Pringle manzanita, pinkbract manzanita
The Mojave Desert (UT, CA, NV), and most of Arizona
Between 3 and 15 feet
Open woodland, chaparral; 5,000 to 8,500 feet
Elliptic or ovate, up to 2 inches long and 1.5 inches wide; on short stalks
There are several dozen species of manzanita in the US, most with limited distribution, and many occurring only in California. Arctostaphylos pringlei is one of only three species commonly found in Arizona, its range extending into adjacent areas of the Mojave Desert. Plants are large, branched, leafy shrubs, and the stems, leaves and flower stalks are densely covered by short, glandular hairs. Leaves are dull grey-green in color, rounded at the base and pointed at the tip. Older stems have smooth, reddish bark which gradually peels away.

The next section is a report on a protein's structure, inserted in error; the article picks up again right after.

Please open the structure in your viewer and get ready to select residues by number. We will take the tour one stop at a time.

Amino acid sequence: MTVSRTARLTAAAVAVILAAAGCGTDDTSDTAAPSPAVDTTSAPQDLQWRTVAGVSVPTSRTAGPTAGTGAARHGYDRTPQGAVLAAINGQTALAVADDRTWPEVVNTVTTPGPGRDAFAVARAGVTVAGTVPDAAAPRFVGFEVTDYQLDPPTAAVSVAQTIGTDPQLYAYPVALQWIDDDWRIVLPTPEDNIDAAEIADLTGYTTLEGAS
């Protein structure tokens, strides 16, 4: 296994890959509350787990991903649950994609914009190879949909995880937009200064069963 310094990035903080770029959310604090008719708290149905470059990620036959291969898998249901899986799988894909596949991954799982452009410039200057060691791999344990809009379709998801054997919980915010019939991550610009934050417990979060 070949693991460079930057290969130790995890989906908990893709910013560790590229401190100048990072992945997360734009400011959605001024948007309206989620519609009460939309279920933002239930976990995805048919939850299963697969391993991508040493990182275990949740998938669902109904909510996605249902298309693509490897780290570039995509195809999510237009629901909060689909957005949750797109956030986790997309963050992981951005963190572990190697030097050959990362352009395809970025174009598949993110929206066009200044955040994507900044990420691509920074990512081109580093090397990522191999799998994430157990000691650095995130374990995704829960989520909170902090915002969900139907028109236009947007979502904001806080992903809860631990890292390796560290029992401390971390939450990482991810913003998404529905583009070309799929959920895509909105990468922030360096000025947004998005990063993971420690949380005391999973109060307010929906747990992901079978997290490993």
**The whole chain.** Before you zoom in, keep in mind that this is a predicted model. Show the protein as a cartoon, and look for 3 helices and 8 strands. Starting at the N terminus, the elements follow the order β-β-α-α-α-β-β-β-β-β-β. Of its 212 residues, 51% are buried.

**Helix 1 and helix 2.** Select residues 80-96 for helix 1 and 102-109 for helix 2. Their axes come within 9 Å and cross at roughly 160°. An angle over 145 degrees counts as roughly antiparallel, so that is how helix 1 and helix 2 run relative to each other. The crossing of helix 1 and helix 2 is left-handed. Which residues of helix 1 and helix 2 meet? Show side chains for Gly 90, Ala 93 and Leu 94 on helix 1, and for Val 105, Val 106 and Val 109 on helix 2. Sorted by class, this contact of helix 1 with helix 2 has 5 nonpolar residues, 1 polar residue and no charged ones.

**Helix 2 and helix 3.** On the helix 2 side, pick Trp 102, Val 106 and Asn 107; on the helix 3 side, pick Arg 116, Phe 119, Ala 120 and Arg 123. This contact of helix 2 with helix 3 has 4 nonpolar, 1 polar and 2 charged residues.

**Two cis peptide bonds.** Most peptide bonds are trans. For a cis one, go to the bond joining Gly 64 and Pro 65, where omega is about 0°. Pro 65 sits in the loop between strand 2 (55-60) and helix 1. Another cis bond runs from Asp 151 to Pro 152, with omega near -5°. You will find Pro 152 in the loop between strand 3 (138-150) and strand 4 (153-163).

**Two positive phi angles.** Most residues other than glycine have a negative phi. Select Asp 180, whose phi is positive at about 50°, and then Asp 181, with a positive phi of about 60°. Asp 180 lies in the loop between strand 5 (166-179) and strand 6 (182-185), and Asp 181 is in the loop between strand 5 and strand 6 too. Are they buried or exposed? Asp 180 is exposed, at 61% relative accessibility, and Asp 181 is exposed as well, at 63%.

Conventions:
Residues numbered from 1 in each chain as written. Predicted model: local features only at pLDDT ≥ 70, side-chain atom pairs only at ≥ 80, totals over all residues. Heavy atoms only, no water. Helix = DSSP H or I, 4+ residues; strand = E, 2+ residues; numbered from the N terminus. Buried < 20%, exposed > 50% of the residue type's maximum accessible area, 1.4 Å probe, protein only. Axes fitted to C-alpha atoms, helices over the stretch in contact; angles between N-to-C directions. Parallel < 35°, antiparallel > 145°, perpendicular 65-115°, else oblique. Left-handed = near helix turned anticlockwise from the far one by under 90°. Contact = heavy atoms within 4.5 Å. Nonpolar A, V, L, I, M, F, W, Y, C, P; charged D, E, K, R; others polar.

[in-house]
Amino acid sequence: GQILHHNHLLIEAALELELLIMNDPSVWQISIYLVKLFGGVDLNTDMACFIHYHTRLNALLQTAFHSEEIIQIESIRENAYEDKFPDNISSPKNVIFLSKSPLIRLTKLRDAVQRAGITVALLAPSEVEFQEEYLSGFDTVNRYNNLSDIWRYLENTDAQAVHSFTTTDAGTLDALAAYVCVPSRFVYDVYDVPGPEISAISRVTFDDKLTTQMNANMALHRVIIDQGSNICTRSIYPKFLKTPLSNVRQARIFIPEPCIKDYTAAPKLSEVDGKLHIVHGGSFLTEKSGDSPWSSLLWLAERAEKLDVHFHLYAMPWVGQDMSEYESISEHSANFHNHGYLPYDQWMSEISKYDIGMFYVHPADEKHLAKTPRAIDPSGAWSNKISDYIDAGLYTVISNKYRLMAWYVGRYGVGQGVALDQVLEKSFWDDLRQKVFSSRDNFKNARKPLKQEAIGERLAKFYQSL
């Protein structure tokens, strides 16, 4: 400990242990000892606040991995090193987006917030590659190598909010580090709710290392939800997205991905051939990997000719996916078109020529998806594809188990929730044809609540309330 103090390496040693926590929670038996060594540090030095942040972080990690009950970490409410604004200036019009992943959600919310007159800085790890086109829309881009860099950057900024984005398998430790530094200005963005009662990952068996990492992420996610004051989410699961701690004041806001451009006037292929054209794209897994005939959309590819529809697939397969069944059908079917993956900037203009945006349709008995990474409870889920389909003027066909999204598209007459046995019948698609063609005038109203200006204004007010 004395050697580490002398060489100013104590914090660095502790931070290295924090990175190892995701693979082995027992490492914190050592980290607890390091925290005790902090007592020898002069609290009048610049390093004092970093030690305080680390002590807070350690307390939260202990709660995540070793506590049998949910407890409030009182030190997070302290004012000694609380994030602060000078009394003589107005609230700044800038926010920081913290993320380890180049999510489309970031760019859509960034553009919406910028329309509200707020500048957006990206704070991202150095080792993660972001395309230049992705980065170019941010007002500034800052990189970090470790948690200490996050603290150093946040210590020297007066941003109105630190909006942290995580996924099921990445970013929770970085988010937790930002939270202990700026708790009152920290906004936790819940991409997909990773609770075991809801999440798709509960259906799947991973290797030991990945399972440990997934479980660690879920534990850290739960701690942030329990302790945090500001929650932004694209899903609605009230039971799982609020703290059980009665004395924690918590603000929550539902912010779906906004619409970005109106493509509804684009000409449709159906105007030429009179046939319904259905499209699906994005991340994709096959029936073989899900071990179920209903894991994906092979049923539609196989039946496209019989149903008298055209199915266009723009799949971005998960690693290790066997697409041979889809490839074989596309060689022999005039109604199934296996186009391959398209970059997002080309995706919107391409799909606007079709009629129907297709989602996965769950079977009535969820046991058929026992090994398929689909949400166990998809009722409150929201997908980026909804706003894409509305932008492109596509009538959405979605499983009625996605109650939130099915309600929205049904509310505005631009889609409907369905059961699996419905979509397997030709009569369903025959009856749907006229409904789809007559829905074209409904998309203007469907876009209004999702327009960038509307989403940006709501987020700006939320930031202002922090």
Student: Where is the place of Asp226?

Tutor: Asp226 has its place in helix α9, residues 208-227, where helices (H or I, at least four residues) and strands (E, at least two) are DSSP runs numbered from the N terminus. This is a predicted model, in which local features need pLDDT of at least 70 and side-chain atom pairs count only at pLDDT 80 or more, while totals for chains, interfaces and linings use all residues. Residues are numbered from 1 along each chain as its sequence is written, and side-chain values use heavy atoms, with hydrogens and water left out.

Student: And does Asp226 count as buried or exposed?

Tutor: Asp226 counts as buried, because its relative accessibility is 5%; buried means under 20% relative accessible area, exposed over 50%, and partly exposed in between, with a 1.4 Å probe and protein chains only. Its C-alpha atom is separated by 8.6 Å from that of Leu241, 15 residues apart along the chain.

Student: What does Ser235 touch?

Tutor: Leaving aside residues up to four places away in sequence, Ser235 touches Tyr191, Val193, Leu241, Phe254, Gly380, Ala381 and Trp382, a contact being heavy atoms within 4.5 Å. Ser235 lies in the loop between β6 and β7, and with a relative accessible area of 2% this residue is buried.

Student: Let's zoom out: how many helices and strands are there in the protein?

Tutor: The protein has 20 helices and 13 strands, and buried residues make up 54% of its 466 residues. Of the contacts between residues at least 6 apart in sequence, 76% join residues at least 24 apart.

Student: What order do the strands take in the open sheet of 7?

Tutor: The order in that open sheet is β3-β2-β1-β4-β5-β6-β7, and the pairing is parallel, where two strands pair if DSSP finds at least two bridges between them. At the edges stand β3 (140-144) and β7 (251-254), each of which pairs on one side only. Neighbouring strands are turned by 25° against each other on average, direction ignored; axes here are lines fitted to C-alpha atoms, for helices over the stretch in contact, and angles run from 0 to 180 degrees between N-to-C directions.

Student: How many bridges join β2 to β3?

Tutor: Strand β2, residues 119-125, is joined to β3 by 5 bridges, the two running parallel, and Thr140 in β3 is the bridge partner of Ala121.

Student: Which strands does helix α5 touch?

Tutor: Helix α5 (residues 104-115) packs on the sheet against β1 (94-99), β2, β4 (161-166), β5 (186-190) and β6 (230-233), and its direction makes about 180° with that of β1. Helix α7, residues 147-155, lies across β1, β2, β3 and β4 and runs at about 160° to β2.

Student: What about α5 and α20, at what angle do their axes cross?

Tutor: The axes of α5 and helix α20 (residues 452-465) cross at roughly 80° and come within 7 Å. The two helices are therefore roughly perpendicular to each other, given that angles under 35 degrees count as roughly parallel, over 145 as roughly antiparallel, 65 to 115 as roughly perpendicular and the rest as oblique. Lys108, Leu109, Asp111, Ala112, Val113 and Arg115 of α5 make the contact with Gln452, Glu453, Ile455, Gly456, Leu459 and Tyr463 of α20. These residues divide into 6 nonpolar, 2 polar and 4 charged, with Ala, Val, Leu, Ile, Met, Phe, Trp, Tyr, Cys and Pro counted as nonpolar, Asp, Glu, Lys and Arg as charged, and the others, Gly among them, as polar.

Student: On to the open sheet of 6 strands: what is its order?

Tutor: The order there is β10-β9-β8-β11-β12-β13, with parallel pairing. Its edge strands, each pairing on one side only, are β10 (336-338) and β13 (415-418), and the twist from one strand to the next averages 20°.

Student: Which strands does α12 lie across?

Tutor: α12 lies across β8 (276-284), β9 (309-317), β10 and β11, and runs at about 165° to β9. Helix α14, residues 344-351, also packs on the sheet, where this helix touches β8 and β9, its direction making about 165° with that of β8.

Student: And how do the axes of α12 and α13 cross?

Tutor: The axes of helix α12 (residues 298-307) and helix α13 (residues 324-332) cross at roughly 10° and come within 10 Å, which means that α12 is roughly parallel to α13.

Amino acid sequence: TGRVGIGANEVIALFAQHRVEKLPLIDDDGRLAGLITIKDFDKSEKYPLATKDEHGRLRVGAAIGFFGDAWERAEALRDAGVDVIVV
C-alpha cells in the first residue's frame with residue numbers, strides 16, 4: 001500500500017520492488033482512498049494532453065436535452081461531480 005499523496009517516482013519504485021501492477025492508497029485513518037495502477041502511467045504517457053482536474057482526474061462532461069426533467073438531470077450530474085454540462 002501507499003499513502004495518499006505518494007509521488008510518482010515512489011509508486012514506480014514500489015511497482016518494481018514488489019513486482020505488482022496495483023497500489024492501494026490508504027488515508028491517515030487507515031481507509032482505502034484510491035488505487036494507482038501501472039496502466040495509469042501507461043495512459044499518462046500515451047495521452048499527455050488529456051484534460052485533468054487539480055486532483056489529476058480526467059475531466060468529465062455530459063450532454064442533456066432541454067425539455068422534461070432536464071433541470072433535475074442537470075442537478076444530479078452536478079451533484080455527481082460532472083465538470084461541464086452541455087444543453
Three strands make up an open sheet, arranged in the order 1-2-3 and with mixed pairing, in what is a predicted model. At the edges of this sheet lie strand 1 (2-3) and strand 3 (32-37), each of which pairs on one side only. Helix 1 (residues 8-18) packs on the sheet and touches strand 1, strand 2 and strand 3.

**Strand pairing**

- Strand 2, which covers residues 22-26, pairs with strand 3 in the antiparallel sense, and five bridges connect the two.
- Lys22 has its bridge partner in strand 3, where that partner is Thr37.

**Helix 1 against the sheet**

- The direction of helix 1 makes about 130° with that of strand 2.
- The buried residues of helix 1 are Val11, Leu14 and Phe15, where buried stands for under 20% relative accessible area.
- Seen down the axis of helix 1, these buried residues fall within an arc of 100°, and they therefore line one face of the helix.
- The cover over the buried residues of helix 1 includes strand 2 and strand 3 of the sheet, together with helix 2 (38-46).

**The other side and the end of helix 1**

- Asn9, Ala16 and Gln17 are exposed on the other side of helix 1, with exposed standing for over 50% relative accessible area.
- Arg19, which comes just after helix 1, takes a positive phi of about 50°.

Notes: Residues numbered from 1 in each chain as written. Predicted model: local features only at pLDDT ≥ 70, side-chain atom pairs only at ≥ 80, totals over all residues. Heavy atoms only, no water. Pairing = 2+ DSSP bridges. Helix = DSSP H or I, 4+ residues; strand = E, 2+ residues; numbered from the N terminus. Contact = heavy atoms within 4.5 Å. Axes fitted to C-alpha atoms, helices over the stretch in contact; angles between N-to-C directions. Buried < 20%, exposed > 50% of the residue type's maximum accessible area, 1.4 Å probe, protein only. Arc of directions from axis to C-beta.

Flowers form as an elongated cluster at the tips of the branches, subtended by bright pink, lanceolate, leaf-like bracts, which wither after blooming. Individual flowers have five small, pink sepals, at the base of a pink, urn-shaped corolla which opens to five tiny pinkish-white lobes. Inside are ten stamens topped by dark red anthers.
There are two subspecies, differentiated by the stones within the fruits. For ssp drupacea (restricted to the mountains of southern California) the stones are joined to make a sphere, while for the more widespread ssp pringlei they are separate.